Colombia’s armed forces Sunday breached the agreement with the
International Committee of the Red Cross (ICRC) by sending airplanes to patrol the sky above the area where four hostages were to
be released. The deal made with Defense Minister Juan Manuel Santos did
not allow any military airplanes nearby, the ICRC said Friday.
Santos had said earlier that day that army flights were allowed above 20,000 feet but according to the ICRC, the 20,000 foot limit only applied to commercial traffic. The agreement between the ICRC and the Ministry of Defense was that all military action in the area would be suspended, including that of the Airforce.
The ICRC says the overflights caused a lot of tension in the release operation of four members of the security forces.
According to Daniel Samper, member
of peace activist group ‘Colombians for Peace’ and the humanitarian
mission in charge of the hostage release, the military action had
endangered the release. The activist said Friday the breach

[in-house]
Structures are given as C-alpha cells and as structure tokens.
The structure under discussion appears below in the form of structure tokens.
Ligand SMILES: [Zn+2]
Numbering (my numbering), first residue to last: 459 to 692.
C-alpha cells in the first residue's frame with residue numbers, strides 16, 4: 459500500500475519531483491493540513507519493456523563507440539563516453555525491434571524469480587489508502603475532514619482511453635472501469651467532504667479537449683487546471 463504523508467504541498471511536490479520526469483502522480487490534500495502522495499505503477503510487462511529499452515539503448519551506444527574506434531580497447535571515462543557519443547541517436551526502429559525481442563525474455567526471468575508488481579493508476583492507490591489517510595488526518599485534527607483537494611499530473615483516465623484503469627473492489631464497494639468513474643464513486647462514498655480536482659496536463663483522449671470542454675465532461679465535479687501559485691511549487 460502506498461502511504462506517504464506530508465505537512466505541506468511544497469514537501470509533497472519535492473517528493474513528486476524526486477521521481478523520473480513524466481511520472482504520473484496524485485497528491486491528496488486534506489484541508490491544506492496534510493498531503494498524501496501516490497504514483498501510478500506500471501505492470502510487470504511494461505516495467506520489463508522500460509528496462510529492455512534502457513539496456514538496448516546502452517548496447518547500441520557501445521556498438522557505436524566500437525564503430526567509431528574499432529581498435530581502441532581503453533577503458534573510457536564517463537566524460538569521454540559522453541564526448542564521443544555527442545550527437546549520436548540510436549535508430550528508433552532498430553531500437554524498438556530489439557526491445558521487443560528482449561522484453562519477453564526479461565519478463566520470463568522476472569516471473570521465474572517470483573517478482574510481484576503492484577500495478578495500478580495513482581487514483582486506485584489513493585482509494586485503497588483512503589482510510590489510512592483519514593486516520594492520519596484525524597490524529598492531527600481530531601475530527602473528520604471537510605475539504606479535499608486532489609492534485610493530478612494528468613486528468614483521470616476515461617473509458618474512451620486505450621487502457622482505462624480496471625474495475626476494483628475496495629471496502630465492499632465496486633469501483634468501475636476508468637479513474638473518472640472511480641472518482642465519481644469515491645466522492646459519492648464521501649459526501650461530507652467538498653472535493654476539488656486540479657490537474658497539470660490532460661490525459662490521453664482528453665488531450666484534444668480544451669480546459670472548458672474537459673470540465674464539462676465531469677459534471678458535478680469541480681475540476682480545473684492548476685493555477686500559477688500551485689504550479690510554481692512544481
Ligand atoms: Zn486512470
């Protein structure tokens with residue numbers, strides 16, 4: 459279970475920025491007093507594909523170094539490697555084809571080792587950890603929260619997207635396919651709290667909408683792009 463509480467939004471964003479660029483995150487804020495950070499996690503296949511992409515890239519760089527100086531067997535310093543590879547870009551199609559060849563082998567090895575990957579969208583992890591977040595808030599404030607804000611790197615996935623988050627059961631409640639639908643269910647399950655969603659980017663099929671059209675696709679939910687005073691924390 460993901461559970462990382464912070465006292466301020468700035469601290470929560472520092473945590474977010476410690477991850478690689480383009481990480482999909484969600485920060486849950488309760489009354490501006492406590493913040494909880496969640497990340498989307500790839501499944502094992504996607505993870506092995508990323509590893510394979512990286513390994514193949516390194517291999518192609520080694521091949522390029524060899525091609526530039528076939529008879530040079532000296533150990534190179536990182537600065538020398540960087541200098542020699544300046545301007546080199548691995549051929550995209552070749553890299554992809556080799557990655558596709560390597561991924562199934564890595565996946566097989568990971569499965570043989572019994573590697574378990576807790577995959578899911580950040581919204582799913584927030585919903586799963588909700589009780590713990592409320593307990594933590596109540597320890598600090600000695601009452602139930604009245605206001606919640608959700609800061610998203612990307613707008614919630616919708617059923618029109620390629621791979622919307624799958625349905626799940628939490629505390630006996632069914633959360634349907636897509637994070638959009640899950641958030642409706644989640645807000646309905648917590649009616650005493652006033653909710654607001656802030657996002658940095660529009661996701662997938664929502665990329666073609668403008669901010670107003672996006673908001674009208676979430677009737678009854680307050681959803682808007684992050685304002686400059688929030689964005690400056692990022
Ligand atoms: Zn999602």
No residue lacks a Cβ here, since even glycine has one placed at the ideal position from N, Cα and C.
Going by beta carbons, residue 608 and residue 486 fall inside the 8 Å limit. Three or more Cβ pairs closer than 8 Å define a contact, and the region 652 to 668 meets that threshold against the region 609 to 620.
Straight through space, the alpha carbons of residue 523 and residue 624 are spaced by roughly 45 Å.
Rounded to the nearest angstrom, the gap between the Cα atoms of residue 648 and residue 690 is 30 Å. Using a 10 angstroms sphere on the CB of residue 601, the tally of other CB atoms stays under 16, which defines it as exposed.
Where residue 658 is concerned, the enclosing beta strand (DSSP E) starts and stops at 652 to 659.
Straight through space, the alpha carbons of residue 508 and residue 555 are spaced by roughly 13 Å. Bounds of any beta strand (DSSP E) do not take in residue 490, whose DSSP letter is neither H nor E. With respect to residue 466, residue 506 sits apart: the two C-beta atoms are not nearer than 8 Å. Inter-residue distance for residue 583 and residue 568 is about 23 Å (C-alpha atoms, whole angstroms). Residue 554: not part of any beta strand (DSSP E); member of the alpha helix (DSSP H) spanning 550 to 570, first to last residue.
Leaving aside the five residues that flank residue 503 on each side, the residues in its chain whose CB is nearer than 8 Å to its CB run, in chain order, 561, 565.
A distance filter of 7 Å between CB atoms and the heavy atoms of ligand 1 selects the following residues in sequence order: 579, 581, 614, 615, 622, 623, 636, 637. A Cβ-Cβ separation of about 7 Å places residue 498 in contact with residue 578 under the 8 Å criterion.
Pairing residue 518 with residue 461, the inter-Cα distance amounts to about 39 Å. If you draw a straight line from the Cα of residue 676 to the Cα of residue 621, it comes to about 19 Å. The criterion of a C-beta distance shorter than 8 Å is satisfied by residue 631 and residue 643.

of agreements nearly made the guerrillas cancel the release.
The Defense Minister had already admitted the overflights were an “error” and both Santos and the ICRC say the planes were withdrawn minutes after ICRC delegate Christophe Beney called Santos to request the withdrawal of the airplanes.
According to Santos, Armed Forces commander Freddy Padilla, who had not present at the meeting between authorities and ICRC, had misunderstood the decision regarding military flights.
The breach led to friction not only with the guerrillas, but also between the Government and ‘Colombians for Peace’, who were removed from the humanitarian mission after members accused the Government of having threatened the operation.
The operations to release two politicians, which had been planned for Monday and Wednesday, were delayed one day because of the ordeal.